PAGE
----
It is desirable, therefore, that the temperature of shelf 11 in the region immediately adjacent to opening 19 be maintained at levels which most effectively prevent precipitation buildup. As may readily be seen from a cursory examination of FIG. 1, the nearest points in shelf 11 to opening 19 are in the upper surface of shelf 11 in the region adjacent to aperture 20. Thus, due to the anisotropic properties of shelf 11, the heat which is readily conducted along the a-b plane direction thereof protive coils to accomplish the above serves only to increase the a temperature of the melt. This may be objectionable in that a particular material employed for a melt may have an increasing propensity for reacting with the crucible with increasing temperatures. Furthermore, because the temperature of the entire spinning apparatus is raised through this procedure when utilizing a single inductive coil for heating both susceptor and shelf, the temperature difference between the orifice opening is not eradicated, thus increasing the possibility that reaction products may precipitate into the opening.

We have found it profitable to space'the turns of the inductive coil closer together i.e., decrease the pitch, in the immediate vicinity of the anisotropic shelf which increases the density of electromagnetic flux lines intersecting the periphery regions of the shelf. This in turn raises the temperature of the region adjacent the shelf aperture which, as stated before, contains the points on the shelf closest to the extrusion opening of the crucible.

By again referring to FIG. 1, the compactness of coils 17 adjacent helices shelf ll may be observed. The interval between turns may be varied for the results desired which in the case of a steel melt may be, for example, l/ 16-inch interval adjacent shelf 11 and l/8-inch interval adjacent to susceptor 12. The frequency utilized to couple coils 17 to shelf ll and susceptor 12 is chosen, among other things, to be commensurate with the dimensions of the objects to be heated, but may be, for example, kHz.

Though it is preferable to have the anisotropic shelf in physical contact with the crucible base, it may be desirable under some circumstances that the anisotropic shelf not be in physical contact with the base of a crucible. For example, it is advantageous to prevent the reactive or stabilizing gas from immediately reacting with the melt as it leaves the extrusion opening. In so doing, it may be necessary to separate the member having the extrusion opening from the anisotropic shelf as illustrated in FIG. 2 and explained below. In the illustrated apparatus, the melt is separated into several compartments or reservoirs for greater temperature control. The lower reservoir holding a smaller amount of melt is easier to maintain at a specific temperature, which temperature is ordinarily higher than the melt temperature of the upper reservoir. Such a temperature difference between reservoirs is desirable to further inhibit precipitation buildup in the extrusion opening. In this arrangement, pedestal 30 supports a pair of thermally anisotropic shelves 31, 32. Thus, pedestal 30 being thermally insulated by shelves 3], 32 may be comprised of stainless steel. Melt-stabilizing gas separating member 33 is utilized to reduce immediate contact between the stabilizing gas and the nascent melt leaving the lower reservoir 34 is supported by shelf 32 and in turn supports the base 35 of crucible 34 (lower reservoir), thus, separating shelf 32 from base 35.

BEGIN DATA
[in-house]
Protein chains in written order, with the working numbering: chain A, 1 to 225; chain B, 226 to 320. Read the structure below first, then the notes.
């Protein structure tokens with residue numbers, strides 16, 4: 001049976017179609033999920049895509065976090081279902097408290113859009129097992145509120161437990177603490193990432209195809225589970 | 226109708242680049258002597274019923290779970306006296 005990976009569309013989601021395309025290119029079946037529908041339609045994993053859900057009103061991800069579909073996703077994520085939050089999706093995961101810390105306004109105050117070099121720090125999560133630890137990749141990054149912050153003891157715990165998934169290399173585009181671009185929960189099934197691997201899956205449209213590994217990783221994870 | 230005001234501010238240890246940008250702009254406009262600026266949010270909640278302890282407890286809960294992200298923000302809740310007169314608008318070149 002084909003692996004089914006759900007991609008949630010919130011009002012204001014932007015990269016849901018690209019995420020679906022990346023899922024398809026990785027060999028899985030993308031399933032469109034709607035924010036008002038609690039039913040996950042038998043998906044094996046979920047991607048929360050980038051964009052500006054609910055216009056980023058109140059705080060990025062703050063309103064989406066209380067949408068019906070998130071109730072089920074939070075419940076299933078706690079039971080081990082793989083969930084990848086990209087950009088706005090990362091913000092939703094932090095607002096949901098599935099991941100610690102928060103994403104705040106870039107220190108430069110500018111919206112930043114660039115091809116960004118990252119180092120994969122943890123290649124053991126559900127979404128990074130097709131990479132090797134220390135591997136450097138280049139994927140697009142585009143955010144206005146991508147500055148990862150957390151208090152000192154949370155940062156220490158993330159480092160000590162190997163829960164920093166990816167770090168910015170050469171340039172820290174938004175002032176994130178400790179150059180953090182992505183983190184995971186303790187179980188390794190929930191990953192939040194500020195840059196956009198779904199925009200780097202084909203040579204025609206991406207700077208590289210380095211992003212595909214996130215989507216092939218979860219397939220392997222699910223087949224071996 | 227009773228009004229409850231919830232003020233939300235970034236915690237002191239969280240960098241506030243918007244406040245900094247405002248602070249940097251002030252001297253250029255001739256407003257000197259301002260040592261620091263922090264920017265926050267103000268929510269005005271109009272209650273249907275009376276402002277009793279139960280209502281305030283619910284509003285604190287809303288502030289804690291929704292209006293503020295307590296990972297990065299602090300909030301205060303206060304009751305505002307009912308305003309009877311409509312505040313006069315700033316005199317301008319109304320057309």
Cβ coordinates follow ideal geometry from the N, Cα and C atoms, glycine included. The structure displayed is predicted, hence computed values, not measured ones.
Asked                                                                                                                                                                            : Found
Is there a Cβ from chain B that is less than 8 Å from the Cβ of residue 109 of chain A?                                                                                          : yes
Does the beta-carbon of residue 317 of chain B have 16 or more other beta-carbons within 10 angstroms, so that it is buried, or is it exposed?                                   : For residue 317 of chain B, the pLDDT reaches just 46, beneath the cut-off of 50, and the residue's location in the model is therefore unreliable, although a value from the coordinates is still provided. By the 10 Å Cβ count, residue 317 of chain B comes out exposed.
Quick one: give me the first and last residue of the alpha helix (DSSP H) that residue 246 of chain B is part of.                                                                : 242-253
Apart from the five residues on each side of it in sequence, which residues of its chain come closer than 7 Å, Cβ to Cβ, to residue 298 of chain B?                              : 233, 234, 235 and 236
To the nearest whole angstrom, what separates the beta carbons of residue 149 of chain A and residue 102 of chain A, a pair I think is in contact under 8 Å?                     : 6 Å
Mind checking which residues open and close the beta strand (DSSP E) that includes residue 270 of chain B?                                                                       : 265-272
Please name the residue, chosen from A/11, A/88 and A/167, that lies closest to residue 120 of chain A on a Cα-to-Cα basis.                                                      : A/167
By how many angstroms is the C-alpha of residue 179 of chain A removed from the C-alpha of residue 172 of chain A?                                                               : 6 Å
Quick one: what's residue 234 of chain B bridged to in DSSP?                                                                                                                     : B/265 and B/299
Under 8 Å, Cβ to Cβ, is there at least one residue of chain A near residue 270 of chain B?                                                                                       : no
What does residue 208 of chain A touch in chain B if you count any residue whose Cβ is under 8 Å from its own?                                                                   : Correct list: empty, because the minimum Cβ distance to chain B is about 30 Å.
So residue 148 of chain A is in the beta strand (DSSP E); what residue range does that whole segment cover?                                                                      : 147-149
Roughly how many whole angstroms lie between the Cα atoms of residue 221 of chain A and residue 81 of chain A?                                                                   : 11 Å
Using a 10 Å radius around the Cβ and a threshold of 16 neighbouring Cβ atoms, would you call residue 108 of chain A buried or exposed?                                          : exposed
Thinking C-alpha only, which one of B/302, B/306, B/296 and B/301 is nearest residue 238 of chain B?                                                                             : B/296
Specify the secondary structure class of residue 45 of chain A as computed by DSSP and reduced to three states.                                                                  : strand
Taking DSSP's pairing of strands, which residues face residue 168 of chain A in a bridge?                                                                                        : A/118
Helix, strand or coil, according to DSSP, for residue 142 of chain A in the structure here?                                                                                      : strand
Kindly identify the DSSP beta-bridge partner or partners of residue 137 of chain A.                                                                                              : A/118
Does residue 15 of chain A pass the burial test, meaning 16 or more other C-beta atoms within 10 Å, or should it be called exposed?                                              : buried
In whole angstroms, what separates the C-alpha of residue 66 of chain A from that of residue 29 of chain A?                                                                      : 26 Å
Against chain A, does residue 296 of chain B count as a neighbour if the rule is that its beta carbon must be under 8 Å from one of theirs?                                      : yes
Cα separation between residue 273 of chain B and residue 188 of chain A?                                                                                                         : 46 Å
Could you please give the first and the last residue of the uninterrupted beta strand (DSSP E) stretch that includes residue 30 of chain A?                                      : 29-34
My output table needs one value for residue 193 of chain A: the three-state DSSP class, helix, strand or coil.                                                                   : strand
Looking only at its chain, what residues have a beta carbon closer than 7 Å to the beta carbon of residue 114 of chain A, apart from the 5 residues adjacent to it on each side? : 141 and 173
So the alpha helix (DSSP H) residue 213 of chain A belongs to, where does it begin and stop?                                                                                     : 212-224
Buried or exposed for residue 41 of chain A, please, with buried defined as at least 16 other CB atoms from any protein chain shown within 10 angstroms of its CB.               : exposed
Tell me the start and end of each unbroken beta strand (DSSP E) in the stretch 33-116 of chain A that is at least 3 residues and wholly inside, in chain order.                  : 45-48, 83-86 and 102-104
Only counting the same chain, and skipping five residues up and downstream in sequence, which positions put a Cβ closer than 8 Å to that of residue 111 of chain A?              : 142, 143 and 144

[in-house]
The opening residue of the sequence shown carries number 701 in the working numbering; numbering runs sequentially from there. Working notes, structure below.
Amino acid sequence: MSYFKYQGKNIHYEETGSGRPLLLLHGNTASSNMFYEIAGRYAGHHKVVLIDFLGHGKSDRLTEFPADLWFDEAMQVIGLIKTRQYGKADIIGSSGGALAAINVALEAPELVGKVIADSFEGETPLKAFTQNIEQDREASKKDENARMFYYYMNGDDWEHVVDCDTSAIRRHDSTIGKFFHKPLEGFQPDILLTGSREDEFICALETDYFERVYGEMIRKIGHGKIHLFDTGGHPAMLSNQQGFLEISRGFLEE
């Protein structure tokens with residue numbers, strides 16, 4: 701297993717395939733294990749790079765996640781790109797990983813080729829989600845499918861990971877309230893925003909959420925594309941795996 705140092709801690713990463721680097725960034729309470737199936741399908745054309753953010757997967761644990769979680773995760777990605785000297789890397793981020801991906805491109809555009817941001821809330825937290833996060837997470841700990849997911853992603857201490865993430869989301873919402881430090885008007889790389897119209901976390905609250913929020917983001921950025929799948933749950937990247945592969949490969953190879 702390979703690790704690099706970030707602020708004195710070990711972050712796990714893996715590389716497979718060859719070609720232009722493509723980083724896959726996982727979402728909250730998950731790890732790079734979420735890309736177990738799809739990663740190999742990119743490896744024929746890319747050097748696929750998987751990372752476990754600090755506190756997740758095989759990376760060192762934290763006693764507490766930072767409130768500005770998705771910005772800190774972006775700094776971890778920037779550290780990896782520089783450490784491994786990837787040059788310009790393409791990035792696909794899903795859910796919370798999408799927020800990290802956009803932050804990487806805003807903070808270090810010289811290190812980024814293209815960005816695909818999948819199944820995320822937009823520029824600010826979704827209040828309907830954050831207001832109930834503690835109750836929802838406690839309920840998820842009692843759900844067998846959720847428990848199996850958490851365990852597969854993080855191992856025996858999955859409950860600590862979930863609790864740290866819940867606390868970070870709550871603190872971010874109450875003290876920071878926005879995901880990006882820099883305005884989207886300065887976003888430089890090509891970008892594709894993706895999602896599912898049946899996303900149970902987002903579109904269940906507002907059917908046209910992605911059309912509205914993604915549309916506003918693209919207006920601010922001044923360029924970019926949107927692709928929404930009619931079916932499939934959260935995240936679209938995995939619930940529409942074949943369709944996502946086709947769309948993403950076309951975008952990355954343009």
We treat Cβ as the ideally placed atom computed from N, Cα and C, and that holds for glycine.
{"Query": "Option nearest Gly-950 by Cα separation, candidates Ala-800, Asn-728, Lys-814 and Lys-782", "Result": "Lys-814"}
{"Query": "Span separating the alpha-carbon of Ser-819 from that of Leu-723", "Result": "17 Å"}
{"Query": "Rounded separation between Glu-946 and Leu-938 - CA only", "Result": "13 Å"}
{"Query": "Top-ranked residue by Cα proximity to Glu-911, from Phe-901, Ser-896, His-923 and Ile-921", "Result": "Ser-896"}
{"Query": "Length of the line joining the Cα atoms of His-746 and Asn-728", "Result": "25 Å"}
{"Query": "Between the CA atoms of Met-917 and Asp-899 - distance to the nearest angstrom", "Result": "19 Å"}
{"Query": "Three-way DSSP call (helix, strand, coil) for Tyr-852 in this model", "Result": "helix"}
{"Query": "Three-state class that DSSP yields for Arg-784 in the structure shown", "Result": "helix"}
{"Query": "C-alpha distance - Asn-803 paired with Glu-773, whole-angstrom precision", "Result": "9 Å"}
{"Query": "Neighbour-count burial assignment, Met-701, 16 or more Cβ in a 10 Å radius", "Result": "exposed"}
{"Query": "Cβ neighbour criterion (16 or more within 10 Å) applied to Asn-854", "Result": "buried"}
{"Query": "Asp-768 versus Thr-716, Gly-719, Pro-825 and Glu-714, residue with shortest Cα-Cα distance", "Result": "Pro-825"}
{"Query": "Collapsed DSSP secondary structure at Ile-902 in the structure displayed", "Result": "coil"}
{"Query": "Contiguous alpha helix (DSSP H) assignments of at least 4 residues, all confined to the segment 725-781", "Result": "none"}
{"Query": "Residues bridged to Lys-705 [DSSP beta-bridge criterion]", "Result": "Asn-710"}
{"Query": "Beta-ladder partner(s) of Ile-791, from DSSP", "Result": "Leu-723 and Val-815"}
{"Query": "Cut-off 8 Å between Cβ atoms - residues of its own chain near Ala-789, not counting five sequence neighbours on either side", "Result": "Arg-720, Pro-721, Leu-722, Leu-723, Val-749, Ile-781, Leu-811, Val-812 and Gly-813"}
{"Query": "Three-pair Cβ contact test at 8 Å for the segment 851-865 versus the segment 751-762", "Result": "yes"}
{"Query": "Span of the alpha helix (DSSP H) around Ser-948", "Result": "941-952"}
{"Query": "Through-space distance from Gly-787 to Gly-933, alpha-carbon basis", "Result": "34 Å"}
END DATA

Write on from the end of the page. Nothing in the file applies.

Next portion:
Pedestal 30, shelves 31, 32 and member 33 define a conical chamber 37 which communicates at the upper end thereof with the opening 36 in crucible 34. Shelf 38 which may be comprised of ordinary graphite (to ensure proper thermal expansion snatch) serves to position member 33 and to securely support upright wall member 39 of crucible 34 and susceptor 40. Base 42 and wall member 43 define upper reservoir 41.

As stated above, shelves 31, 32 serve to insulate pedestal 30 from the high temperatures employed in the spinning aperture. Thus, it should be understood that it is advantageous to restrict heat flow to the upper portion of shelf 32. Ideally, it is desirable to limit the flow only to the upper surface of shelf 32 since any heat flow in regions below the surface serves no useful purpose. Furthermore, it is advantageous to increase the density of flux lines intersecting the periphery regions of shelf 32 in order to promote proper heating of orifice opening 36. Concentration of flux lines in relatively large regions of an object to be heated may be accomplished adequately through a decrease in coil pitch as illustrated in FIG. 1. There are, however, limitations to the minimum pitch which may be employed. That is, the diameter of the inductor coil is ordinarily constant, regardless of the change in pitch, and becomes a factor when a further decrease in pitch is needed in order to induce heat into a relatively narrow region of the shelf. Watercooled coils are particularly limiting since a certain rate of water flow is needed for proper cooling. The rate of water flow largely dictates minimum requirements for internal coil diameters.